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SPECIFICATIONS
  • 1.33:1 Standard
  • Portuguese Dolby Digital 1.0 Mono
  • English subtitles
  • 1 Disc
FEATURES
  • Audio commentary featuring Jean-Pierre Gorin and Pedro Costa
  • Theatrical Trailer

In Vanda's Room


Reviewed by: Chris Galloway

Directed By: Pedro Costa
2000 | 171 Minutes | Licensor: Bazar do Video

Release Information
DVD | MSRP: $79.95 | Series: The Criterion Collection | Edition: #510
RLJ Entertainment

Release Date: March 30, 2010
Review Date: March 20, 2010

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SYNOPSIS

For the extraordinarily beautiful second film in his Fontainhas trilogy, Pedro Costa jettisoned his earlier films' larger crews to burrow even deeper into the Lisbon ghetto and the lives of its desperate inhabitants. With the intimate feel of a documentary and the texture of a Vermeer painting, In Vanda's Room takes an unflinching, fragmentary look at a handful of self-destructive, marginalized people, but is centered around the heroin-addicted Vanda Duarte. Costa presents the daily routines of Vanda and her neighbors with disarming matter-of-factness, and through his camera, individuals whom many would deem disposable become vivid and vital. This was Costa's first use of digital video, and the evocative images he created remain some of the medium's most astonishing.

Forum members rate this film 8.1/10

 

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PICTURE

Currently only available in Criterion’s new box set, Letters From Fontainhas: Three Films by Pedro Costa, In Vanda’s Room is presented in its original aspect ratio of 1.33:1 on this dual-layer disc. The image has not been window boxed as is usually common lately with Criterion’s full screen DVD transfers.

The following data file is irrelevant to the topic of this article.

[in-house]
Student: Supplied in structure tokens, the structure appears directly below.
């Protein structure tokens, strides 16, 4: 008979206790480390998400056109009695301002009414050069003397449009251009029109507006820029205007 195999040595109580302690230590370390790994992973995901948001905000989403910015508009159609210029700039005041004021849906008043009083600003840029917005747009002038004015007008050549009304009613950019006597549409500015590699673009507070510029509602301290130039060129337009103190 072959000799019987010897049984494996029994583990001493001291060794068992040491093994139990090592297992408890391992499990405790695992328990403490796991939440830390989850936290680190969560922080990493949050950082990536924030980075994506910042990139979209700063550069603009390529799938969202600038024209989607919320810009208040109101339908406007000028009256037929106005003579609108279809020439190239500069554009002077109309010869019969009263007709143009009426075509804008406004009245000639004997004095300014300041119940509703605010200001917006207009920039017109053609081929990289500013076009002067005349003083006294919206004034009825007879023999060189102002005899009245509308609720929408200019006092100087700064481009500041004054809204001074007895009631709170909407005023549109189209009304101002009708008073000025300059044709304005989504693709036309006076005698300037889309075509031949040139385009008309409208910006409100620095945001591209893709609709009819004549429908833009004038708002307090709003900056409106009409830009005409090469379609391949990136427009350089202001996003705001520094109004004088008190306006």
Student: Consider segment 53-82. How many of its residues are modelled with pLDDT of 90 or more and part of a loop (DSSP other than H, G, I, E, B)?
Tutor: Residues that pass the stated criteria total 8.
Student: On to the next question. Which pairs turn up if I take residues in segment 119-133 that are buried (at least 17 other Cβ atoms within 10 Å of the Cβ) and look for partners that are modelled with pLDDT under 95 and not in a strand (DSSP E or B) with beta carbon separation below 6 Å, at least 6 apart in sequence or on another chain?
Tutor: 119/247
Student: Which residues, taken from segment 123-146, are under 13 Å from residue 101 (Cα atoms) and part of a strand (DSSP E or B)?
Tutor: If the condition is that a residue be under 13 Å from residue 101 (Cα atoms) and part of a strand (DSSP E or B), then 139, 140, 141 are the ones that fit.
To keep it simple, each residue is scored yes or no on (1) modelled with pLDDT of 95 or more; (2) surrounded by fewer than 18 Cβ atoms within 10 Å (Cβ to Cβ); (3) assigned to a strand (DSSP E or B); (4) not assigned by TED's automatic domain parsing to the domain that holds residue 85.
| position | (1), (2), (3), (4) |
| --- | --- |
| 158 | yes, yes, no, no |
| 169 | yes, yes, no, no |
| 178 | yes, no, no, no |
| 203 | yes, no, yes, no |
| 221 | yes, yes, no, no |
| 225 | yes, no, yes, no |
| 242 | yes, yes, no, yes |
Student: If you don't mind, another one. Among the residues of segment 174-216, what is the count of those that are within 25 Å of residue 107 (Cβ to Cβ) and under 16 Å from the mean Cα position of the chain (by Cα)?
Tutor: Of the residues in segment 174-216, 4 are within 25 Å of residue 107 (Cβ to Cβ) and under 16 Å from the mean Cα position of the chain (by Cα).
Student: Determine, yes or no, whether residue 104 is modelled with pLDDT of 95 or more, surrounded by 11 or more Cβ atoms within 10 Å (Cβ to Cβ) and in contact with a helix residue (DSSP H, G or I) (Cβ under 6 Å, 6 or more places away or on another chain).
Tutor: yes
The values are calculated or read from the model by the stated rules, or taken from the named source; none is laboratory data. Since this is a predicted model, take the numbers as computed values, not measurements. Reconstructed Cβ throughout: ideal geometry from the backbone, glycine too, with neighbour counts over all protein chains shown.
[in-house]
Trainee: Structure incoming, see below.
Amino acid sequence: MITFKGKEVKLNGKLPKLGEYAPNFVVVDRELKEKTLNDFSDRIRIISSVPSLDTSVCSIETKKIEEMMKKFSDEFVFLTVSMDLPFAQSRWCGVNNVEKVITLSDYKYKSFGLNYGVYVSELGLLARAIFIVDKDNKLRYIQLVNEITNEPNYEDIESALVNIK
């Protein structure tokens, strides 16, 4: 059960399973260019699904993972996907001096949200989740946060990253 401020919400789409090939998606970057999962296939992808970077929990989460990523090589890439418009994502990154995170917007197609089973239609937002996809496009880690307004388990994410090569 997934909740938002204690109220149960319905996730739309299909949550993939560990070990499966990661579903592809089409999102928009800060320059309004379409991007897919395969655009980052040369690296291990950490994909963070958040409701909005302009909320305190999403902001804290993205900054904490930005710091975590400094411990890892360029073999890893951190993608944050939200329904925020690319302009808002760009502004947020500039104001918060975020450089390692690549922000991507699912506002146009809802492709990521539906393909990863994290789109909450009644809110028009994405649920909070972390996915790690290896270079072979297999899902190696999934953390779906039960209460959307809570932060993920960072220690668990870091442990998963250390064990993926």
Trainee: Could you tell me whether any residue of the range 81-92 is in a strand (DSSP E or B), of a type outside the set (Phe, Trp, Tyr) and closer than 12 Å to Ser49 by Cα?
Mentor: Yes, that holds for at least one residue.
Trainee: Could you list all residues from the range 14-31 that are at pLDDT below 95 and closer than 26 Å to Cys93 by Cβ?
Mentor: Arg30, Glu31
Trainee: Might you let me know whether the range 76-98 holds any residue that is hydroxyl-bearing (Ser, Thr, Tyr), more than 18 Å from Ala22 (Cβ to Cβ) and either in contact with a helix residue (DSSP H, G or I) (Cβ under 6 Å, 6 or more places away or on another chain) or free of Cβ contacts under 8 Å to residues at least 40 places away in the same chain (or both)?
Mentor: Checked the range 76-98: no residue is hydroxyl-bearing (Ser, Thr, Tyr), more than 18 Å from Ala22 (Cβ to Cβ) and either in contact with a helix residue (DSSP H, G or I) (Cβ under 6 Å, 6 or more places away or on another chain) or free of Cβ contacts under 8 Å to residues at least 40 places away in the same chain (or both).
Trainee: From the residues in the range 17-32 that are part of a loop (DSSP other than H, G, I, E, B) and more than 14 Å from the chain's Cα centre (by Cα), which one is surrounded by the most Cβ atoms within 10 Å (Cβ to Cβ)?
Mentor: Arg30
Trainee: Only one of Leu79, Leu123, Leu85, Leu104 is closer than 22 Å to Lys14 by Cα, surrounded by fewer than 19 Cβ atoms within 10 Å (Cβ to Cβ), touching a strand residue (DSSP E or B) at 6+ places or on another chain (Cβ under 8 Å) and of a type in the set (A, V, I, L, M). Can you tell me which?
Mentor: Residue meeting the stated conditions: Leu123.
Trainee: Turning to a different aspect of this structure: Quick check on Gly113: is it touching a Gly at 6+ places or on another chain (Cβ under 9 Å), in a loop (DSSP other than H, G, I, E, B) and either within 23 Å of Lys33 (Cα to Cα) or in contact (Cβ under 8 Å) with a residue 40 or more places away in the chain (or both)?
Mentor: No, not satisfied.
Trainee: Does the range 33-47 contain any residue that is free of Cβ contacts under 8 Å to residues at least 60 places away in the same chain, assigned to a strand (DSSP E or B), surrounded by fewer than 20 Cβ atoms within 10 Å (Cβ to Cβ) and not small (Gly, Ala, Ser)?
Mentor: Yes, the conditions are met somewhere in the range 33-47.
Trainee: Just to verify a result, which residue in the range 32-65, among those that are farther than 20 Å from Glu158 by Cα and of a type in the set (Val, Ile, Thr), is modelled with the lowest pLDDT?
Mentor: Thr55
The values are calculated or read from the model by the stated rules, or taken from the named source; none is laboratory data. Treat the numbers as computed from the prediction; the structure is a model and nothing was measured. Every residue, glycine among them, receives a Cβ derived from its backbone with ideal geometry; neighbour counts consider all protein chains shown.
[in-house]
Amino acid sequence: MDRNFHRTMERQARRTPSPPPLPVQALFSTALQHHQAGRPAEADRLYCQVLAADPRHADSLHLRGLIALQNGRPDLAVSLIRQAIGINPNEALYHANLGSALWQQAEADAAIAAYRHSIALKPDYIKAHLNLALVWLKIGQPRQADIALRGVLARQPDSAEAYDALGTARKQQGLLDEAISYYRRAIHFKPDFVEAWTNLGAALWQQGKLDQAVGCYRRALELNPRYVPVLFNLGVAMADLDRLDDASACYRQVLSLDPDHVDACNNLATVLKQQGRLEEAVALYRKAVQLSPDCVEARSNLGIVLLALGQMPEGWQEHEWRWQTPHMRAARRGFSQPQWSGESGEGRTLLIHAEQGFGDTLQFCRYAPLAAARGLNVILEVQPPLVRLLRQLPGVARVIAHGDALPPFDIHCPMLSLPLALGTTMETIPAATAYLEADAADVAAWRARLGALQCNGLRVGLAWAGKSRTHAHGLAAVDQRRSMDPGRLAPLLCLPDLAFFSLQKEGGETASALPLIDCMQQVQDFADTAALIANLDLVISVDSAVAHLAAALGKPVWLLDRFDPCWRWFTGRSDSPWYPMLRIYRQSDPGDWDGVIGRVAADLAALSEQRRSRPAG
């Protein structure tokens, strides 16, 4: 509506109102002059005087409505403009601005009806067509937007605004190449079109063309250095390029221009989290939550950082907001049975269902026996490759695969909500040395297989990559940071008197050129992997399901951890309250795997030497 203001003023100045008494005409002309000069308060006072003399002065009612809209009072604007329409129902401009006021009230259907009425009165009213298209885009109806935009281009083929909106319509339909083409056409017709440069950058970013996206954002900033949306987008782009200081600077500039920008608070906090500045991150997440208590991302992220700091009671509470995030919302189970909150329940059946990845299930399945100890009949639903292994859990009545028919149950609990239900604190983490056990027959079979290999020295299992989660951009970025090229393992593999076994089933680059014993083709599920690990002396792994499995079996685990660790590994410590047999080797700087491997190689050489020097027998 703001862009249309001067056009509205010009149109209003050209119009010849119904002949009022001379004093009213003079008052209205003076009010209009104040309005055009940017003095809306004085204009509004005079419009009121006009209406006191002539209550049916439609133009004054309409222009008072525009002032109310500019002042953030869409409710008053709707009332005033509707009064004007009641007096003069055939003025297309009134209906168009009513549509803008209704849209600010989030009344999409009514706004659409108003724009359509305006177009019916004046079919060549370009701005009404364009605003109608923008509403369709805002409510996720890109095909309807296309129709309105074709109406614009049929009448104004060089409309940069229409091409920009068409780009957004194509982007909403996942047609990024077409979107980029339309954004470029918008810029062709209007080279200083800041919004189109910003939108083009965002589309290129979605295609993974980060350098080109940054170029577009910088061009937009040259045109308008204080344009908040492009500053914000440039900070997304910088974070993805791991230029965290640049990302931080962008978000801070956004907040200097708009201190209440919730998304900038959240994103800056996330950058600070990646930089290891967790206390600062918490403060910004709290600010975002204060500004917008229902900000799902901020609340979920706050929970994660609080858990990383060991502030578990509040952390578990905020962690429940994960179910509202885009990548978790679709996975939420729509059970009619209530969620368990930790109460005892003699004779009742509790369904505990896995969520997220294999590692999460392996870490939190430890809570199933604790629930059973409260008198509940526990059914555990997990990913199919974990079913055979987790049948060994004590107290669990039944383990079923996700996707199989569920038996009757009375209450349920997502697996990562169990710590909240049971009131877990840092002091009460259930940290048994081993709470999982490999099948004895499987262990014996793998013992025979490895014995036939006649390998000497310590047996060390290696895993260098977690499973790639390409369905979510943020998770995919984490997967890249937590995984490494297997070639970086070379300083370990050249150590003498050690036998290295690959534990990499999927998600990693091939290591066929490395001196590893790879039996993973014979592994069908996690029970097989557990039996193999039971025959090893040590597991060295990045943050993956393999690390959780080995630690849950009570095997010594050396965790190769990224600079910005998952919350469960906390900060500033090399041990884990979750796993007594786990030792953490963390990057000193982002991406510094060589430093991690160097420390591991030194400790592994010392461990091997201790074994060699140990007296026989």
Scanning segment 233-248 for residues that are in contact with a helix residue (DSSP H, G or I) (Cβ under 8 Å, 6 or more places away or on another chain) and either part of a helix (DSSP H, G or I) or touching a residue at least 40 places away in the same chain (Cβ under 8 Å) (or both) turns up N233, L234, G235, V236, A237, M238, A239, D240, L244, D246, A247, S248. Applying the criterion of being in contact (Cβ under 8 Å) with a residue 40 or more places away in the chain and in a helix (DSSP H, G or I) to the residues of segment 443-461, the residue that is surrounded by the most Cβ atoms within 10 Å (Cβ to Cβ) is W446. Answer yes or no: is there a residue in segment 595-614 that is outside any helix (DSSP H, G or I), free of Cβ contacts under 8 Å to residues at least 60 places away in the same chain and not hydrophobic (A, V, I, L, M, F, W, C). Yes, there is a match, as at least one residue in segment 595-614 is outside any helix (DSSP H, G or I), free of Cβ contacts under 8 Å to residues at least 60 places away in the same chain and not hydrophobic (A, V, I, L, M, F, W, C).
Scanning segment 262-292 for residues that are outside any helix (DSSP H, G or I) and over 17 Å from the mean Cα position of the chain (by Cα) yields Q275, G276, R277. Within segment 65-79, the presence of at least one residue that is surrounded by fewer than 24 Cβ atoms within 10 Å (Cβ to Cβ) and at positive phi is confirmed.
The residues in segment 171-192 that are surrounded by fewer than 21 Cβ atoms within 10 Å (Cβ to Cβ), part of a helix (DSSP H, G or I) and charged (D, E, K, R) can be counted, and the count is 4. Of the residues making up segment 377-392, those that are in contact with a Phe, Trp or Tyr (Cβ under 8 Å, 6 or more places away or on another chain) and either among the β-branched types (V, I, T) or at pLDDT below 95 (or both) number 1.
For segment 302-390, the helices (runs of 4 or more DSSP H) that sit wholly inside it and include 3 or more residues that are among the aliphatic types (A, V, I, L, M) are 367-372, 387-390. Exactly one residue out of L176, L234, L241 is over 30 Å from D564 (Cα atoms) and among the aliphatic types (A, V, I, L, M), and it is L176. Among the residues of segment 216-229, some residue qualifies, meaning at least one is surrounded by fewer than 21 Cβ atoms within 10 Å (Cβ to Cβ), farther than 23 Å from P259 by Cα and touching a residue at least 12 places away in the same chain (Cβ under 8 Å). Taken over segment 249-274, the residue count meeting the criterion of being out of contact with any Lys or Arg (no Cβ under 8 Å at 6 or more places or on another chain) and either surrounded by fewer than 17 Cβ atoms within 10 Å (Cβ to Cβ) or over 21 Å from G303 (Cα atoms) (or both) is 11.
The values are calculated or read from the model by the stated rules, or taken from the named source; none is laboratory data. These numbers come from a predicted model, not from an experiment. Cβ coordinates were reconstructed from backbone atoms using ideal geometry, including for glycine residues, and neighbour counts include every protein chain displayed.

In Vanda’s Room is Pedro Costa’s first film to be shot using a digital camera. The source is standard definition and is interlaced so that leaves little room for improvement, the booklet stating that colour correction, supervised by Costa, was the only correction applied to it.

While I was stunned by the imagery Costa was able to capture using a standard-def digital camera, especially in low lit sequences that make up a good chunk of the film, the picture is limited in many regards because of how it was filmed. Digital artifacts are a constant nuisance, dancing through the screen, and delineation is incredibly poor. The interlacing presents many issues include jaggies, shimmering, and trailing with quick movements creating quite a mess. On the other hand colours do look very good, even striking at times.

It doesn’t look too hot but I doubt much can be done to improve it, the only thing that might help, possibly, is more room on a disc, but in reality this is possibly as good as it gets.

6/10